Thankfully, the iTunes server worked perfectly well on both Macs and PCs when we tried it out - although it doesn’t allow you to play copy-protected songs purchased from the iTunes Store. But this does assume that you’re already using iTunes as your main audio app – in which case you could use iTunes' existing network sharing options to stream music around your network without needing the Media Hub, though you would need at least one of your computers kept on.
Wil Smith stars in 'I am Legible'...
We also encountered some problems with video playback. The Media Browser relies on web browser plug-ins from video players such as Windows Media Player or Apple’s QuickTime Player for its video playback capabilities. So if you want to play formats such as DivX or Xvid you’ll need to make sure you’ve got a suitable player or codec already installed on your computer.
Video files are initially played in a small preview window that’s about 350 x 250 pixels in size. Most files also display a ‘Full Screen’ button that allows you to expand the video image to fill the screen. However, there’s no option to simply play video files at their original native resolution, and we also found that some files didn’t display the ‘Full Screen’ button either – which left us squinting to watch Will Smith’s I Am Legend in the 350 x 250 preview window.
Playback of MP4 files was rather erratic too, with some files playing perfectly well while others wouldn’t play through the Media Browser at all. Linksys says that full-screen playback and MP4 playback depends on the specific codec used to compress a particular video file, but if that’s the case then the company needs to be more specific about exactly which video formats the Media Hub can handle.
It' cheaper without the screen
Of course, you can get round these playback problems simply by abandoning the Media Browser interface and treating the Media Hub as a conventional network hard drive. This will allow you to play any media file simply by double-clicking on it on your desktop and playing it through the Windows Media Player or any other suitable video player. However, the Media Browser is one of the key features that sets the Media Hub apart from an ordinary NAS drive, so its erratic audio and video playback is something of a weakness.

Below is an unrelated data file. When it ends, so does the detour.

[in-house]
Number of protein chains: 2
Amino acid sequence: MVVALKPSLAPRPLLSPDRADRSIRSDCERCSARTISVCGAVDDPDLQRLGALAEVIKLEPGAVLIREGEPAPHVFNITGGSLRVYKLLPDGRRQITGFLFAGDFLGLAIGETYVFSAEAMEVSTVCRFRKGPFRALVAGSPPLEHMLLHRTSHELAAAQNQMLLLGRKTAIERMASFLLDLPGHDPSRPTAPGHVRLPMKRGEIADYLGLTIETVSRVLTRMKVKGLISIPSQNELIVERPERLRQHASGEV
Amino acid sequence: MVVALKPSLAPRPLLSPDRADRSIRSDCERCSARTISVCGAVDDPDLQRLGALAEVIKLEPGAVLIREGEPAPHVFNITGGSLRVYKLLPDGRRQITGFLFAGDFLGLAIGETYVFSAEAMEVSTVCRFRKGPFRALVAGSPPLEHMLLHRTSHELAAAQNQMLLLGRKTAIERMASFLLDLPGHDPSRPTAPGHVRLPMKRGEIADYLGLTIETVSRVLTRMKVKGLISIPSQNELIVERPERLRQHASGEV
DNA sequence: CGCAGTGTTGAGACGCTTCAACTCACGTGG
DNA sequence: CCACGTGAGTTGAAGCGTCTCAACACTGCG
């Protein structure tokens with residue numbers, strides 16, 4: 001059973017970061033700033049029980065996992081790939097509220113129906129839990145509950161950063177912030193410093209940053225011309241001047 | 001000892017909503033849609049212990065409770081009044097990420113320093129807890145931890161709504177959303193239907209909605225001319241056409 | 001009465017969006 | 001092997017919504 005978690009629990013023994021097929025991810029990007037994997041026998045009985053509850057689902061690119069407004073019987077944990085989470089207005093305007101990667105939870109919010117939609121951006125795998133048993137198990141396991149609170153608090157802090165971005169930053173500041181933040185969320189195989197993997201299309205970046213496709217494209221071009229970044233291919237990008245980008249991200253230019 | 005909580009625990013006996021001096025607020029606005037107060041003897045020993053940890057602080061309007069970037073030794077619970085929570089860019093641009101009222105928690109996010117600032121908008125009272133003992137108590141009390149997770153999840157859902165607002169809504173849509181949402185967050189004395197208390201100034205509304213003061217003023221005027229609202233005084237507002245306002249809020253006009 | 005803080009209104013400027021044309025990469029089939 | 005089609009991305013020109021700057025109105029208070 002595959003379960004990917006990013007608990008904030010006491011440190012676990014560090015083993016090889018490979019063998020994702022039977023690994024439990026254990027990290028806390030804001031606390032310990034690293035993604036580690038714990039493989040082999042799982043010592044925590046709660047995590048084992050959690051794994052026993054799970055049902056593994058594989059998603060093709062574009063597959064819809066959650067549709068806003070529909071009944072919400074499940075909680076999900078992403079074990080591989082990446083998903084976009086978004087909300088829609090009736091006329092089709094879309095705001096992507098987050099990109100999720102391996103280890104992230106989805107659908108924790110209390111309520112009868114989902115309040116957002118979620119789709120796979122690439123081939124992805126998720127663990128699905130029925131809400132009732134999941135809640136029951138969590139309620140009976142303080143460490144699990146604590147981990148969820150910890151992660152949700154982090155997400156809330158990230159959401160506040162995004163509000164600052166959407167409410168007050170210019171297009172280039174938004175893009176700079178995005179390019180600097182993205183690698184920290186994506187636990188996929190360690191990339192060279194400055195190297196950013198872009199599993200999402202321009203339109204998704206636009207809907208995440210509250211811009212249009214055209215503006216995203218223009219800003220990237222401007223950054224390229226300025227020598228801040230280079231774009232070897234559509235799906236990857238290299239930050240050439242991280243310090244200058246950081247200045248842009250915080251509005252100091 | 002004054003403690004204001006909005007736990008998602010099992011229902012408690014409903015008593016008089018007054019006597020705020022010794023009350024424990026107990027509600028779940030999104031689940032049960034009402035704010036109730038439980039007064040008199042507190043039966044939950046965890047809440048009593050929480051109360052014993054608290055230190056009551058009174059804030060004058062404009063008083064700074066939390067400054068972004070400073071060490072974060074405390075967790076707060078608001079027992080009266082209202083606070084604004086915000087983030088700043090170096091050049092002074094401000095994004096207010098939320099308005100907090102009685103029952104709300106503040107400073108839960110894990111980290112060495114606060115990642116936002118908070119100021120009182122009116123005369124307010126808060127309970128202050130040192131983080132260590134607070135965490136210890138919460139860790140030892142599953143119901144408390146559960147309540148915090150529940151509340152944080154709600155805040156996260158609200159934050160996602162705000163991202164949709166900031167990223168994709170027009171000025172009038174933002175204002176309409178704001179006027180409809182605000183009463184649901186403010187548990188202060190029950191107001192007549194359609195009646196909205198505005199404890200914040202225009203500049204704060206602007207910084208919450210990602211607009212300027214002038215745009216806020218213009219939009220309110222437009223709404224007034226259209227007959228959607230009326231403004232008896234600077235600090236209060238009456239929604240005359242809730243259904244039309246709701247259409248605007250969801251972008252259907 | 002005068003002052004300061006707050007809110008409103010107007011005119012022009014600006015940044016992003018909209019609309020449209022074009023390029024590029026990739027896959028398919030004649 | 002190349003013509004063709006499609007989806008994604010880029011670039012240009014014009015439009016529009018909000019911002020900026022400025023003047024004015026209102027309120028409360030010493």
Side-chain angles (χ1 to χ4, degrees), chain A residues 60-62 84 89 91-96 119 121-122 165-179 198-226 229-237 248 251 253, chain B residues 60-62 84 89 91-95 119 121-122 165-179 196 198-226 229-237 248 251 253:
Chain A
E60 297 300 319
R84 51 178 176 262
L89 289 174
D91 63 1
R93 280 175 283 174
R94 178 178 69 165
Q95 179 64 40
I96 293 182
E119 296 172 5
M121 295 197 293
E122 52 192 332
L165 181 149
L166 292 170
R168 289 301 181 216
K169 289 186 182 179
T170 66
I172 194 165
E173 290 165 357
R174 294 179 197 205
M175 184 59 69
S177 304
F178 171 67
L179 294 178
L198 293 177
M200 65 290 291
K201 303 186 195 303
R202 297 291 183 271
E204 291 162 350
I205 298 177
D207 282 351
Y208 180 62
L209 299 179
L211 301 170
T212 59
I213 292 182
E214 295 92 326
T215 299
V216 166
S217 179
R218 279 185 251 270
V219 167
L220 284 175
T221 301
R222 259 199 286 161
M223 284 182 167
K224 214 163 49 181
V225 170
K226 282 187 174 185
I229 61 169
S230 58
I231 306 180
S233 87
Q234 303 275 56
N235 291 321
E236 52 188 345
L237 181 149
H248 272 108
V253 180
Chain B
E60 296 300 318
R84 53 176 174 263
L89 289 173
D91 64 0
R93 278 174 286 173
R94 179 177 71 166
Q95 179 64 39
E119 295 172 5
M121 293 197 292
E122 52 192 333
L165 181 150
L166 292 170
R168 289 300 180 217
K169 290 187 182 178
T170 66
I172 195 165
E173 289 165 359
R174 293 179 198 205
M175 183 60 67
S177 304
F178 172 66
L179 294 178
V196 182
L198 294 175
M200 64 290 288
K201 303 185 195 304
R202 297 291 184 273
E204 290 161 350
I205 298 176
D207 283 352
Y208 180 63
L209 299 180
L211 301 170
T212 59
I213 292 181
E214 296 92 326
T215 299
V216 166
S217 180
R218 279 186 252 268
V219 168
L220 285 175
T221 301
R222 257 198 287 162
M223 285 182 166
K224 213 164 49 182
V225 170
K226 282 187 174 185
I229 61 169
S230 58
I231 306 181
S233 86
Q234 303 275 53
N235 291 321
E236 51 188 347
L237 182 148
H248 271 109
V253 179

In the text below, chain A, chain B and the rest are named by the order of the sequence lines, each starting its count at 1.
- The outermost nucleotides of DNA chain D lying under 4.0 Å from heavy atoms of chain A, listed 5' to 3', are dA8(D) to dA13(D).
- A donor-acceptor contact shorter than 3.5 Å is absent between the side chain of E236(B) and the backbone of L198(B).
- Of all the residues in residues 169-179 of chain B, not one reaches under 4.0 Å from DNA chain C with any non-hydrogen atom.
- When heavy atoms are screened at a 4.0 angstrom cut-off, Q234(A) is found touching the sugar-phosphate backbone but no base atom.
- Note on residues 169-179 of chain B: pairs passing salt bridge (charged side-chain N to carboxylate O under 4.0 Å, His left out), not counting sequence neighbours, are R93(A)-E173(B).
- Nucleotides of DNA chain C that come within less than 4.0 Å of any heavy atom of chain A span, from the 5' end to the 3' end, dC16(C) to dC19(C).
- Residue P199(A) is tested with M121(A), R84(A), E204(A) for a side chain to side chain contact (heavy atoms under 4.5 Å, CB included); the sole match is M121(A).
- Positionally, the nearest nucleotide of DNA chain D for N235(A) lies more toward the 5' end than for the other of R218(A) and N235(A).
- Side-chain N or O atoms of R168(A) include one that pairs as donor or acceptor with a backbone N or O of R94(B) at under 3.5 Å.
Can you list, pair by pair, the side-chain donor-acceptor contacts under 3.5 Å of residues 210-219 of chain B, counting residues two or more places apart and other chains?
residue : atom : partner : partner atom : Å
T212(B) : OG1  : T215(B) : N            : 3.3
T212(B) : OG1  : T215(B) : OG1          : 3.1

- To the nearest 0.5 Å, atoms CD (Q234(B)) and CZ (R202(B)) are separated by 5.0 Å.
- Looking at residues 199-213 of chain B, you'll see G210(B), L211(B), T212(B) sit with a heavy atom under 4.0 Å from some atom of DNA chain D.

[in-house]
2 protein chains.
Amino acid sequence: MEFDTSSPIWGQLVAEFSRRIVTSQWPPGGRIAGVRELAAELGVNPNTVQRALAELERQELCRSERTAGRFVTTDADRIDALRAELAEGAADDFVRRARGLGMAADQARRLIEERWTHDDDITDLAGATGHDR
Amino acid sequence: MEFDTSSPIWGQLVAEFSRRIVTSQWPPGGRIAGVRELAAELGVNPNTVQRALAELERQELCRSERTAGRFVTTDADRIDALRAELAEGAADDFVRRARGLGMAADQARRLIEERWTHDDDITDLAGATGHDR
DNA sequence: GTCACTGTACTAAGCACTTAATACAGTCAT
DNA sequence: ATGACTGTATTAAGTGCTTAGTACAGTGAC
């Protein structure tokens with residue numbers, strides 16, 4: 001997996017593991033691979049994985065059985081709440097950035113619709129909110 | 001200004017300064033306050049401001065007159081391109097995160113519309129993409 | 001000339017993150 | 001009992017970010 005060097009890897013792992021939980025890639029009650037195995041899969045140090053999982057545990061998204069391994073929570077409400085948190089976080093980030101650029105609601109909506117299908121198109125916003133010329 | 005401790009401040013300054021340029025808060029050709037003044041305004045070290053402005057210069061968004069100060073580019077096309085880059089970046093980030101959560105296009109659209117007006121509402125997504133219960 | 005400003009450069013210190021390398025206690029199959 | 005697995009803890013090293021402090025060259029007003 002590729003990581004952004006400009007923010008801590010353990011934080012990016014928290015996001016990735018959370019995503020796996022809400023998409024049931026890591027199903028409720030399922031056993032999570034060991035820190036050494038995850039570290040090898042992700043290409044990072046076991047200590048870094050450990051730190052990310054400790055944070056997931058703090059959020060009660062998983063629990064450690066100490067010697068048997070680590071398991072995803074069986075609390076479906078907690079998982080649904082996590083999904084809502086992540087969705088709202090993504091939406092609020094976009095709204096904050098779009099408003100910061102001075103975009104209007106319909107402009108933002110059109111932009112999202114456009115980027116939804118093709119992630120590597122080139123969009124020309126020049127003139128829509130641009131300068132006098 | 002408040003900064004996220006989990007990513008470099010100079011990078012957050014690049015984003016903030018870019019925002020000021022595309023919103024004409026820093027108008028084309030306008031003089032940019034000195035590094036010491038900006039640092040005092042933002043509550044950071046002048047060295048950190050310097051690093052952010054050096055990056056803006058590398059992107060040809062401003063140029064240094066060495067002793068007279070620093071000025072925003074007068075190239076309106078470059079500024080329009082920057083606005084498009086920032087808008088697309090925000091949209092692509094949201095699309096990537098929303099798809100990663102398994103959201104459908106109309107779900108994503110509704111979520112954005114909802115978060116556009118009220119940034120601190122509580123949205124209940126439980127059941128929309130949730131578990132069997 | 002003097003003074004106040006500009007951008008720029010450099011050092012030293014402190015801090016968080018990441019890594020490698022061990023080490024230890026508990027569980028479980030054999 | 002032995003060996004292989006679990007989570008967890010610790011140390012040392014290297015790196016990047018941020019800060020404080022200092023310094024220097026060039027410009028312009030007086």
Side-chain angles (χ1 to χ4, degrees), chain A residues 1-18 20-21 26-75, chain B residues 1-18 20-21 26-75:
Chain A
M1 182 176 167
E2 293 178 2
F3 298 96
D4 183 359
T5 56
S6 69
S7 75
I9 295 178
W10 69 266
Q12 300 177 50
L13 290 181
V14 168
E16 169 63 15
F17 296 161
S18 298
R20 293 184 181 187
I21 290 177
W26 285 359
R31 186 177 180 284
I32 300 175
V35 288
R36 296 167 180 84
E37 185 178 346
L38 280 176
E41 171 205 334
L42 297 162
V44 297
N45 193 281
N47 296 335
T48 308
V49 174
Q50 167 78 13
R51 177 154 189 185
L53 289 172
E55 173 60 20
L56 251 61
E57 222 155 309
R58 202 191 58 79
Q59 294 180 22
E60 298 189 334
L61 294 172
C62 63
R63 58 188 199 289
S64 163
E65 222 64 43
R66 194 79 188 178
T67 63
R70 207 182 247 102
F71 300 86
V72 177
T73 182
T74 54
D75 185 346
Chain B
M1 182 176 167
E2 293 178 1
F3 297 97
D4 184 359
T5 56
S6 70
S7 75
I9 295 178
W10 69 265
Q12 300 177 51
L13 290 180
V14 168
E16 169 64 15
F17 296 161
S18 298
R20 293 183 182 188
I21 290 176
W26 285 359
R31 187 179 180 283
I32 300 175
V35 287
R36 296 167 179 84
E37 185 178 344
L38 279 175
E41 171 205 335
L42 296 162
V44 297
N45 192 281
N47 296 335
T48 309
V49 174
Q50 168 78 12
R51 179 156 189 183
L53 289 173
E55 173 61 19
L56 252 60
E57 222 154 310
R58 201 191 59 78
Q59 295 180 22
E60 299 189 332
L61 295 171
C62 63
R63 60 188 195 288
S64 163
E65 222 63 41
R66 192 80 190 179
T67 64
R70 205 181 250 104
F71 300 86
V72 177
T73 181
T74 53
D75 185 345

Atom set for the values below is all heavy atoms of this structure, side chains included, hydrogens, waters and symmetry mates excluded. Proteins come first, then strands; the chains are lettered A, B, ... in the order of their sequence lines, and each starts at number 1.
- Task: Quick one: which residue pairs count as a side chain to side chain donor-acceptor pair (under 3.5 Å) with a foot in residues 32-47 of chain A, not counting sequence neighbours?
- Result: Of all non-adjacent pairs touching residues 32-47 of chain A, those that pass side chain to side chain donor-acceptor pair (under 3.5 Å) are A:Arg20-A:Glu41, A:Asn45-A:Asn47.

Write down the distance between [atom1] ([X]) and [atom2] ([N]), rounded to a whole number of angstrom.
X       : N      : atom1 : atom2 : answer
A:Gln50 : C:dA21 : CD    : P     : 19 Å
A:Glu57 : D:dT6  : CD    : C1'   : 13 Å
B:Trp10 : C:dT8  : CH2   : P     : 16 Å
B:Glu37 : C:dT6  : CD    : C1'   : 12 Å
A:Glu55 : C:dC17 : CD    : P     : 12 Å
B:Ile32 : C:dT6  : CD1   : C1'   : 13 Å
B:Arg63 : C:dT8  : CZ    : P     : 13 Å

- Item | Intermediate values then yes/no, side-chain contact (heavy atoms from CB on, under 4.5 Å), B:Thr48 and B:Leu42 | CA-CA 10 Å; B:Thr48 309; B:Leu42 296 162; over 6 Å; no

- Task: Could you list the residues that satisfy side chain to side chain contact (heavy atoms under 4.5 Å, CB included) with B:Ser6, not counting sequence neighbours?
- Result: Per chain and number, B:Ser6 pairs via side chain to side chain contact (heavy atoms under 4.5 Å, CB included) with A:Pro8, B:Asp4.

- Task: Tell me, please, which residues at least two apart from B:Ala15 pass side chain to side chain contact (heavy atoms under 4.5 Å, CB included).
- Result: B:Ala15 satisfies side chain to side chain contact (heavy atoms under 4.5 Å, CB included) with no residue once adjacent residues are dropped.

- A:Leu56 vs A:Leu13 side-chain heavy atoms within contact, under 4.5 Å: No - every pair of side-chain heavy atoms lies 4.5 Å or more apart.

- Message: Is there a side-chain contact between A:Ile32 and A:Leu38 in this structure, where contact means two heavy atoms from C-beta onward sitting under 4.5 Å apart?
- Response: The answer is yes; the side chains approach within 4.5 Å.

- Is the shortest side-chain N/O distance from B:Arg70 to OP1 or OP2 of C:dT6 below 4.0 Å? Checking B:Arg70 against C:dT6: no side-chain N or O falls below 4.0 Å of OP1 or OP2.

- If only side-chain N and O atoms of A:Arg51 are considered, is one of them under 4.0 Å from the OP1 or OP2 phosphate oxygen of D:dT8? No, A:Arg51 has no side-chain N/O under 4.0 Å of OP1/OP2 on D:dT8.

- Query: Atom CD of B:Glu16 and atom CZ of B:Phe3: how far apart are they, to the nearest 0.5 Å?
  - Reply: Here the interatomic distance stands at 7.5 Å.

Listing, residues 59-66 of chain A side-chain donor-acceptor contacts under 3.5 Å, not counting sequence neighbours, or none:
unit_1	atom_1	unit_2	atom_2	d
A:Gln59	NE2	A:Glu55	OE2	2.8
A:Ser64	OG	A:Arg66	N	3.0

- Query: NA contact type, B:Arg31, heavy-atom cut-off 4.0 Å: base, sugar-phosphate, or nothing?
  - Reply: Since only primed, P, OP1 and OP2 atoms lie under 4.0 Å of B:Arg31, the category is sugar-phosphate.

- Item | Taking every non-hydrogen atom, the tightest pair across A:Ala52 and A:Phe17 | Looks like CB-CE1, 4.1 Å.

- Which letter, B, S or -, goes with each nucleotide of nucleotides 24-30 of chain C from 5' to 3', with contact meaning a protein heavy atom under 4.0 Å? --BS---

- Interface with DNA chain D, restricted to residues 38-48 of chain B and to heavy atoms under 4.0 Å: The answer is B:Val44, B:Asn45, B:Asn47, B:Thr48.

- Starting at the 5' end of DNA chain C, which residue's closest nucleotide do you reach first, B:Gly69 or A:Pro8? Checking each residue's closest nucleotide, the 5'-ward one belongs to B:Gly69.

To be fair, there are plenty of other media players and storage devices that struggle when faced with the confusingly wide range of audio and video file formats that are in use these days. However, you can get a no-frills NAS drive with 500GB storage for less than £150 at the moment, so you’re paying quite a premium for the Media Hub’s headline multimedia capabilities. Some of its features, such as the iTunes server and remote internet access, do work very well. But until basic problems such as AAC and full-screen video playback have been tackled, the Media Hub can’t quite live up to its hype. ®
More Storage Reviews...
Cisco Linksys Media Hub NMH405
Further proof, if any were needed ...
... that this device is too damned expensive, today I ordered:
- 1x IcyBox IB-NAS4200-B (£97 inc.VAT)
- 2x WD 'Green' 1Tb drives (£80 each inc.VAT) - could have had SeaCrates for slightly less, but after an interesting incident with a bricked Barracuda that was a road I wasn't prepared to travel.
Delivery costs came to about £15 as I used two different suppliers, so we're looking at £270-ish for a 1Tb NAS solution with gigabit ethernet and RAID capability that pulls around 27W at full load (see: http://www.bit-tech.net/hardware/storage/2009/02/01/icy-box-ib-nas4220-b-network-storage/4) - not too shabby.
Certainly better than paying a £70-80 premium for the Cisco name and a pretty looking LCD-type display.
Additional - ICYBOX - Hint
Where as I'm a great fan of the ICYBOX, I would urge caution when 'hacking' it. If you leave it 'as is' (albeit with the supported downloads on the Raidsonic site), it works like a charm. For those that want to 'hack' it, make sure you know what you are doing (and have a good understanding of Linux [BusyBox]) - unlike this muppet typing this, I'm sure you'd get more out of it. For me, I'm crap at Linux and have since given up on adding extra things to it (shame really, but as a vanilla box, it's awesome!)
My experience with Cisco Linksys is similar.
I bought a WRT54G years ago, and it was great. The stock firmware was fine and there's numerous 3rd-party firmwares for it. (I have DD-WRT on mine.)
Bought one more recently (ver 5). Useless! The firmware was so buggy, it'd crash within hours, AND scramble the settings! It was nice, you'd power it back up and it STILL wouldn't come back up without hooking ethernet up and resetting the settings on it. Right after Cisco bought Linksys, they stripped the fully-functional Linux firmware, cut the RAM and ROM in half, and put in a barely-working version 1.00.00 firmware. Why they didn't at least get the hideous bugs out first, I don't know. I returned it!
I think they still sell them. I don't know how the stock firmware is, but there's a special extra-small DD-WRT version for it I guess. But, if you're running 3rd-party frimware anyway, the WRT is like twice as expensive as competitors (since Cisco cut RAM and ROM, but not the price.)